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Over the last week we have all been tuning into our news feeds and listening to the security folks chatting about the next super vulnerability, CVE-2019-0708. There’s no shortage of coverage over the issue and the potential impact once a working proof of concept or full-blown exploit hits the shelves in a repository near you.
Amid all of this, I want to outline what it actually means for your organization, and what can you do to reduce the risk.
Let’s get to grips with the basics.
RDP, or Remote Desktop Protocol, is a service which commonly runs on TCP port 3389 on Windows workstations and servers, and is used to administer them remotely. The service is prevalent within mid-sized and large networks, where an administrator (or user) needs to access multiple computers without having to keep jumping between desks and server rooms.
BlueKeep is the name given to the vulnerability, which was reported to Microsoft by the UK’s National Cyber Security Centre. Microsoft’s May cumulative update contains many security updates, including a critical update for a vulnerability in the RDP service, where a crafted series of requests to the service could be used to perform remote code execution or crash the service causing a denial of service.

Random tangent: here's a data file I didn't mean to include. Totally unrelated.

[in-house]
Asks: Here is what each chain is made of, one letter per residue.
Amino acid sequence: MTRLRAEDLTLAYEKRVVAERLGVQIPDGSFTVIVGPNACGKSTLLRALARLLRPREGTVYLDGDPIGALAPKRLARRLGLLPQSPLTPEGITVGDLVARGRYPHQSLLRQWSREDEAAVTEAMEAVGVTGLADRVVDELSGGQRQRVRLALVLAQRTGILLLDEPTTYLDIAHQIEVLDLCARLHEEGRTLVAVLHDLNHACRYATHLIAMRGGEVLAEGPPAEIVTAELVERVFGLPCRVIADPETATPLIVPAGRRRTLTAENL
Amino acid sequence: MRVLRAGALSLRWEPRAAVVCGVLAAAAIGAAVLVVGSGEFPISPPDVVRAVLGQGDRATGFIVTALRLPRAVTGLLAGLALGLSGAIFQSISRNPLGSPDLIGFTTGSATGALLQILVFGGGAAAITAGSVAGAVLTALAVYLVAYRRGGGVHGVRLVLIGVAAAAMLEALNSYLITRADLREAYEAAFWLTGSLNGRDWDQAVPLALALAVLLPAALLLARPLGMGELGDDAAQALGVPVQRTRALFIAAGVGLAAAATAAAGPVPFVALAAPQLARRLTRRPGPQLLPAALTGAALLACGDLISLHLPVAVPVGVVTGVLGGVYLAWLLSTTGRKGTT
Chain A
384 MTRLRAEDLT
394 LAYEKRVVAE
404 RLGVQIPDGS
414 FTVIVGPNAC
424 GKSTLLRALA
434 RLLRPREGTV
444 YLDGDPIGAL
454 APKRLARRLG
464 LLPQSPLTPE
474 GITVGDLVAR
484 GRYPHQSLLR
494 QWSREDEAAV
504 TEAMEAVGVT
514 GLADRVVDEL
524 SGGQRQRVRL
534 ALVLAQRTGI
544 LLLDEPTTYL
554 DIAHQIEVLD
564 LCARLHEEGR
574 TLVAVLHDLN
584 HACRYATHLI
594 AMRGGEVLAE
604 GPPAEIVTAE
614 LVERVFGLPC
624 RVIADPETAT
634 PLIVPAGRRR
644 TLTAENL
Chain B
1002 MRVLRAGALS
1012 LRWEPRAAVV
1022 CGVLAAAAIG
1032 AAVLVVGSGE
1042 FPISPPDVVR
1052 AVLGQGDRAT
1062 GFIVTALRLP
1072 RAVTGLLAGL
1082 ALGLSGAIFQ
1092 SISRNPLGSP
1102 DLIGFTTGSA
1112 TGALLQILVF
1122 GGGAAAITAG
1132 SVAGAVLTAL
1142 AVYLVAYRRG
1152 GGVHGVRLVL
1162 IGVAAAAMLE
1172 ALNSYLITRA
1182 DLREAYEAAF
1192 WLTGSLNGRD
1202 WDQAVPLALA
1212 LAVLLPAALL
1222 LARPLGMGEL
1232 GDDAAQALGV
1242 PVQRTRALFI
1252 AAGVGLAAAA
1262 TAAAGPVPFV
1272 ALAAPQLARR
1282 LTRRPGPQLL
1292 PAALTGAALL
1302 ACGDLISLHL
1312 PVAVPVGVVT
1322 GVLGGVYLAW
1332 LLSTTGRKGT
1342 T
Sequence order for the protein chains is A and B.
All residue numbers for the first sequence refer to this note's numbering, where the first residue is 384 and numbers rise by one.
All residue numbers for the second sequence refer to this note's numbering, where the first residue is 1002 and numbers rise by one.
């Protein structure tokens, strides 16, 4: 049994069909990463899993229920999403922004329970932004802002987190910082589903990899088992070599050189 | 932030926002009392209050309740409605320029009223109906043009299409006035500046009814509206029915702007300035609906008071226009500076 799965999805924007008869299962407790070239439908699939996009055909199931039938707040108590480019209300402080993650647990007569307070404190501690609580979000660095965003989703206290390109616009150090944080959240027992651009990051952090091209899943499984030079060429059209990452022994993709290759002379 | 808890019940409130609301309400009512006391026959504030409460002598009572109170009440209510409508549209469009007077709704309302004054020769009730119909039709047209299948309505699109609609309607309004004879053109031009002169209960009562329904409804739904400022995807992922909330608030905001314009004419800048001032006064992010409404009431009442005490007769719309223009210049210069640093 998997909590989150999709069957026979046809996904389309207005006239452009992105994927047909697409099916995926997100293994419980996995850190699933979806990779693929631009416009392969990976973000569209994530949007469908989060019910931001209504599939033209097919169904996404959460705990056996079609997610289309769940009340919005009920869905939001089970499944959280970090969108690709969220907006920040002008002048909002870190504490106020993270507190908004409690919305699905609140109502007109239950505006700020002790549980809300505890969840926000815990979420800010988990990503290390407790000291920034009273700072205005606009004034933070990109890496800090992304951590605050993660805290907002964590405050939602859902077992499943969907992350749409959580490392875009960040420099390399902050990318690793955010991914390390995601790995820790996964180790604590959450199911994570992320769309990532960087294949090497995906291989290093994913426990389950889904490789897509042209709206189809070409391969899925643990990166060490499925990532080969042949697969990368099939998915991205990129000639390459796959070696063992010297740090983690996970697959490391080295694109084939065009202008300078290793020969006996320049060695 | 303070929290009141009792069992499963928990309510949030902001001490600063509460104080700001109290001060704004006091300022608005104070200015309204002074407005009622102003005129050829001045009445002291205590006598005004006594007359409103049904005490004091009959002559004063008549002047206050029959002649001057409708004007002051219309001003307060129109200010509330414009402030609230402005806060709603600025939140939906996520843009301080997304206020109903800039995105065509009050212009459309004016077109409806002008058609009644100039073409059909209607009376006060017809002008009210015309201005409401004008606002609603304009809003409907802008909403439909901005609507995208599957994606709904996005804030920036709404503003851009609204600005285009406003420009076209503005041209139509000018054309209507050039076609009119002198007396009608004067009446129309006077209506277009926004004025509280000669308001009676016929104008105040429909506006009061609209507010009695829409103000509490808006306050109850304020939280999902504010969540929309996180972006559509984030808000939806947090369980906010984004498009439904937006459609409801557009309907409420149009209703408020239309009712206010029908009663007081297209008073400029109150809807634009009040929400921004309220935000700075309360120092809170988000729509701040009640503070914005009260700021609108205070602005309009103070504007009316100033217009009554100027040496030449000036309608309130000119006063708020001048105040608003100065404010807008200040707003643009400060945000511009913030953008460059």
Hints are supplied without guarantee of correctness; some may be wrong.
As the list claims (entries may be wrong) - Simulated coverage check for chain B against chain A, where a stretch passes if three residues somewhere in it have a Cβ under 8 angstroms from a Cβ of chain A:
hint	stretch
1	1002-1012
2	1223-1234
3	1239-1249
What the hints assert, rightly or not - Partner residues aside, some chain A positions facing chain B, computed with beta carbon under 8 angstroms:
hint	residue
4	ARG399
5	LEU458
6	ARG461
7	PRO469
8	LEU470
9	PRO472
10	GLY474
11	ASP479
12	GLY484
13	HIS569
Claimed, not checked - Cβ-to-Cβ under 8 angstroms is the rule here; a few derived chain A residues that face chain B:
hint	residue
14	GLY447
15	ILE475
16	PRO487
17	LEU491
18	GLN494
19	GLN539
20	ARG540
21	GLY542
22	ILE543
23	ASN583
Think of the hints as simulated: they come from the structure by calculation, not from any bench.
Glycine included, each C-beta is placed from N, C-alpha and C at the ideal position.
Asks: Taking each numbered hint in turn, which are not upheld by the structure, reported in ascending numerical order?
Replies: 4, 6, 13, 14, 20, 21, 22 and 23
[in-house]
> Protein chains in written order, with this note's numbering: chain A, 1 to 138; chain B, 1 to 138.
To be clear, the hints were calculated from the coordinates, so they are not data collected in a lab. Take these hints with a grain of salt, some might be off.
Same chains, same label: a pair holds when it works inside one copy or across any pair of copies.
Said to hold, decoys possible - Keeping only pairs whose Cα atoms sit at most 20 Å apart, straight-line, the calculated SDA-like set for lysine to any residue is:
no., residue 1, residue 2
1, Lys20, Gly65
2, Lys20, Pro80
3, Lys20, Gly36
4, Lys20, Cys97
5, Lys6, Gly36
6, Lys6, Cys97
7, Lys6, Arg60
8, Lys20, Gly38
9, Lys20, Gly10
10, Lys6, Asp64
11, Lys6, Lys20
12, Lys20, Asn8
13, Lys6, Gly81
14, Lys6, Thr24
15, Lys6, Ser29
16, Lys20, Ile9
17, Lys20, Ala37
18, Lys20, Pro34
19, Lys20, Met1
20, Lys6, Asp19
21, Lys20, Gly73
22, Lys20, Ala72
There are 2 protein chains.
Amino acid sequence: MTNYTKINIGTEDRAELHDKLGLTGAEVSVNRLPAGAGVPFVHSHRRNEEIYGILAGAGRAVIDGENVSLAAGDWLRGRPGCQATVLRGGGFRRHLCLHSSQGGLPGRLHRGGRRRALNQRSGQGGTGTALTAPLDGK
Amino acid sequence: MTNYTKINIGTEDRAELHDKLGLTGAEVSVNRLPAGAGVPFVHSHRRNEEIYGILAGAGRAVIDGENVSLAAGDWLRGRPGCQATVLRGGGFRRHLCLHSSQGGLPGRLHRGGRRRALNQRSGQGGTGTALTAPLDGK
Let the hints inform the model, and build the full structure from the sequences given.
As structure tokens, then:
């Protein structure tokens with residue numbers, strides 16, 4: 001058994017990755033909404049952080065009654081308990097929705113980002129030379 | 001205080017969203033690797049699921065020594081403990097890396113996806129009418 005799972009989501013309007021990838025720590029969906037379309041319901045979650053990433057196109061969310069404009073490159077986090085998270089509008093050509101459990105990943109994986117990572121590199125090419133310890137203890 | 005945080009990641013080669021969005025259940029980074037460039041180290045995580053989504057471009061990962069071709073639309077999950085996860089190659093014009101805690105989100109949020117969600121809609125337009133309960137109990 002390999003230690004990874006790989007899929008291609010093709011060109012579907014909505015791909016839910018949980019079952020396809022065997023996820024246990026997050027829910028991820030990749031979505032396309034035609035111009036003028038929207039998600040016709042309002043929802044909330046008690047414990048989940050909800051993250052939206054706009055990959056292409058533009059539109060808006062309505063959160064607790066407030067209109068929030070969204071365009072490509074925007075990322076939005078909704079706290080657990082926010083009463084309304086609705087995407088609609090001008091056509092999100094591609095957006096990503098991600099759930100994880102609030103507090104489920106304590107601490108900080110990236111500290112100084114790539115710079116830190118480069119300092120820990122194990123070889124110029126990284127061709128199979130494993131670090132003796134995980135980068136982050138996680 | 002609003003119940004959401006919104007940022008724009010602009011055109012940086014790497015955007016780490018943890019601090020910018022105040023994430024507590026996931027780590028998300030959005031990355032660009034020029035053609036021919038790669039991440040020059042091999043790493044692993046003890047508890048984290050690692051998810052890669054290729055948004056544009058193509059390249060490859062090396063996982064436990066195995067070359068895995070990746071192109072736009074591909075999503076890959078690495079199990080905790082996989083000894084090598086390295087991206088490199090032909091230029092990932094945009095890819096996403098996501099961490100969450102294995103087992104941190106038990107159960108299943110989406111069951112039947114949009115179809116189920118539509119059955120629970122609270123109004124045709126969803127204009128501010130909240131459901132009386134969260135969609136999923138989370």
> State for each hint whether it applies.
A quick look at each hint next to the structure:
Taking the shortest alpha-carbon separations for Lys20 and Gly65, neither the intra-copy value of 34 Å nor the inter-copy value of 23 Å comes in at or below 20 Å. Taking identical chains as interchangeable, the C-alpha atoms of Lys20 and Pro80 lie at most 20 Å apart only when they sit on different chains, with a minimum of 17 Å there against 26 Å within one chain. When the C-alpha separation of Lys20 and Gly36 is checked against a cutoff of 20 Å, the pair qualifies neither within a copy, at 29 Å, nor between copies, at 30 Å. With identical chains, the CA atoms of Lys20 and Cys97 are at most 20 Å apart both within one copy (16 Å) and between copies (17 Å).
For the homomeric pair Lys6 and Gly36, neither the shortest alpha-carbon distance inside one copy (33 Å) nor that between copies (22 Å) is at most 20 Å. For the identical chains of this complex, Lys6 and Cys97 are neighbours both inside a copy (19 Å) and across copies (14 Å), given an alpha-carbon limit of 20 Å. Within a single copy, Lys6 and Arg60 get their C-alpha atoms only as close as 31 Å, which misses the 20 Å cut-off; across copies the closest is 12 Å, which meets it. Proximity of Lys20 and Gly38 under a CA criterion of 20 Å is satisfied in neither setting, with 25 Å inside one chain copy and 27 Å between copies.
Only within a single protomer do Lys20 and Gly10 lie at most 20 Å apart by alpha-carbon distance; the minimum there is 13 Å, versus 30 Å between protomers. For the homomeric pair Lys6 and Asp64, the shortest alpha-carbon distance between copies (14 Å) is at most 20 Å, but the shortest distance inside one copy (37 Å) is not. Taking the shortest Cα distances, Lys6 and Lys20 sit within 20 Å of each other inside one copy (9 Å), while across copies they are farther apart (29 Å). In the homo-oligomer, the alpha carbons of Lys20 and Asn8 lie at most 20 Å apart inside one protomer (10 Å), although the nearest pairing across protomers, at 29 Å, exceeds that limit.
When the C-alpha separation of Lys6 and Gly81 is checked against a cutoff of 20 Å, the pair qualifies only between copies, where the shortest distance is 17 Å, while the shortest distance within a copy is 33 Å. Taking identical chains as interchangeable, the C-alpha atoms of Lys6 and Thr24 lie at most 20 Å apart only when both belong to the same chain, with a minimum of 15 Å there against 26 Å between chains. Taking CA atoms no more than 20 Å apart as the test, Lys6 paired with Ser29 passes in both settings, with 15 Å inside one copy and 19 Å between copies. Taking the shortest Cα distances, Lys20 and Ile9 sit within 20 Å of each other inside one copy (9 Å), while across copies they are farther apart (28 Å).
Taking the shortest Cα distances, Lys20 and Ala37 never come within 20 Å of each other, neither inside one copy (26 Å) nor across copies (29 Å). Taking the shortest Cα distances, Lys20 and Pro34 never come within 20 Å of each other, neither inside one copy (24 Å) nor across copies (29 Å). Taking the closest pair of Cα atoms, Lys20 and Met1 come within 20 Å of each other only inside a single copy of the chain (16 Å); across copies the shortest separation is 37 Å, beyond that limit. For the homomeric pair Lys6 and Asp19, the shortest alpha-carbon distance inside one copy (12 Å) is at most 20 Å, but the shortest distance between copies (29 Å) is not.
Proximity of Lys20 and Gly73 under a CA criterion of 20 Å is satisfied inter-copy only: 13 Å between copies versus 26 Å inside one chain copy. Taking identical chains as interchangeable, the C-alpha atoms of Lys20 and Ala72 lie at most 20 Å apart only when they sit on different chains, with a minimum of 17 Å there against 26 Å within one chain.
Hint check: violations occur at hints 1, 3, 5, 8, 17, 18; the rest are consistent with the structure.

The name BlueKeep was later given to the vulnerability which is technically referenced by the Common Vulnerabilities and Exposures ID (CVE-2019-0708).
The following is a list of the reportedly affected Microsoft Windows releases:
Keep in mind that both Windows Server 2003 and Windows XP are both legacy and out of support, meaning that, in theory, they should never receive updates. However, like with the vulnerability exploited by ETERNALBLUE (CVE-2017-0144) back in 2017, they have both received updates addressing BlueKeep – indicating how seriously Microsoft is taking this issue.
As of yet, there are no publicly available working proof of concepts or full exploits for BlueKeep, however it will most certainly arrive soon. Just today, MalwareTech released a video claiming to have developed a working POC, although he has stated he will not release the code. Furthermore, there are multiple cybersecurity research outfits that claim to have reversed the Microsoft patch and developed working exploits, such as Zerodium, McAfee, and Qihoo360.
Almost 2 years ago, the WannaCry outbreak caused significant damage to organizations around the world, causing losses of up to £100,000,000 for the UK NHS alone.
Well, why the WannaCry comparison? The WannaCry malware was built around an exploit known commonly as ETERNALBLUE, an exploit that targeted several vulnerabilities in SMB servers, most notably CVE-2017-0143. Once a vulnerable service was identified, the malware would exploit the weakness to establish a foothold and then use that to relaunch itself to another target, moving through the network like a worm.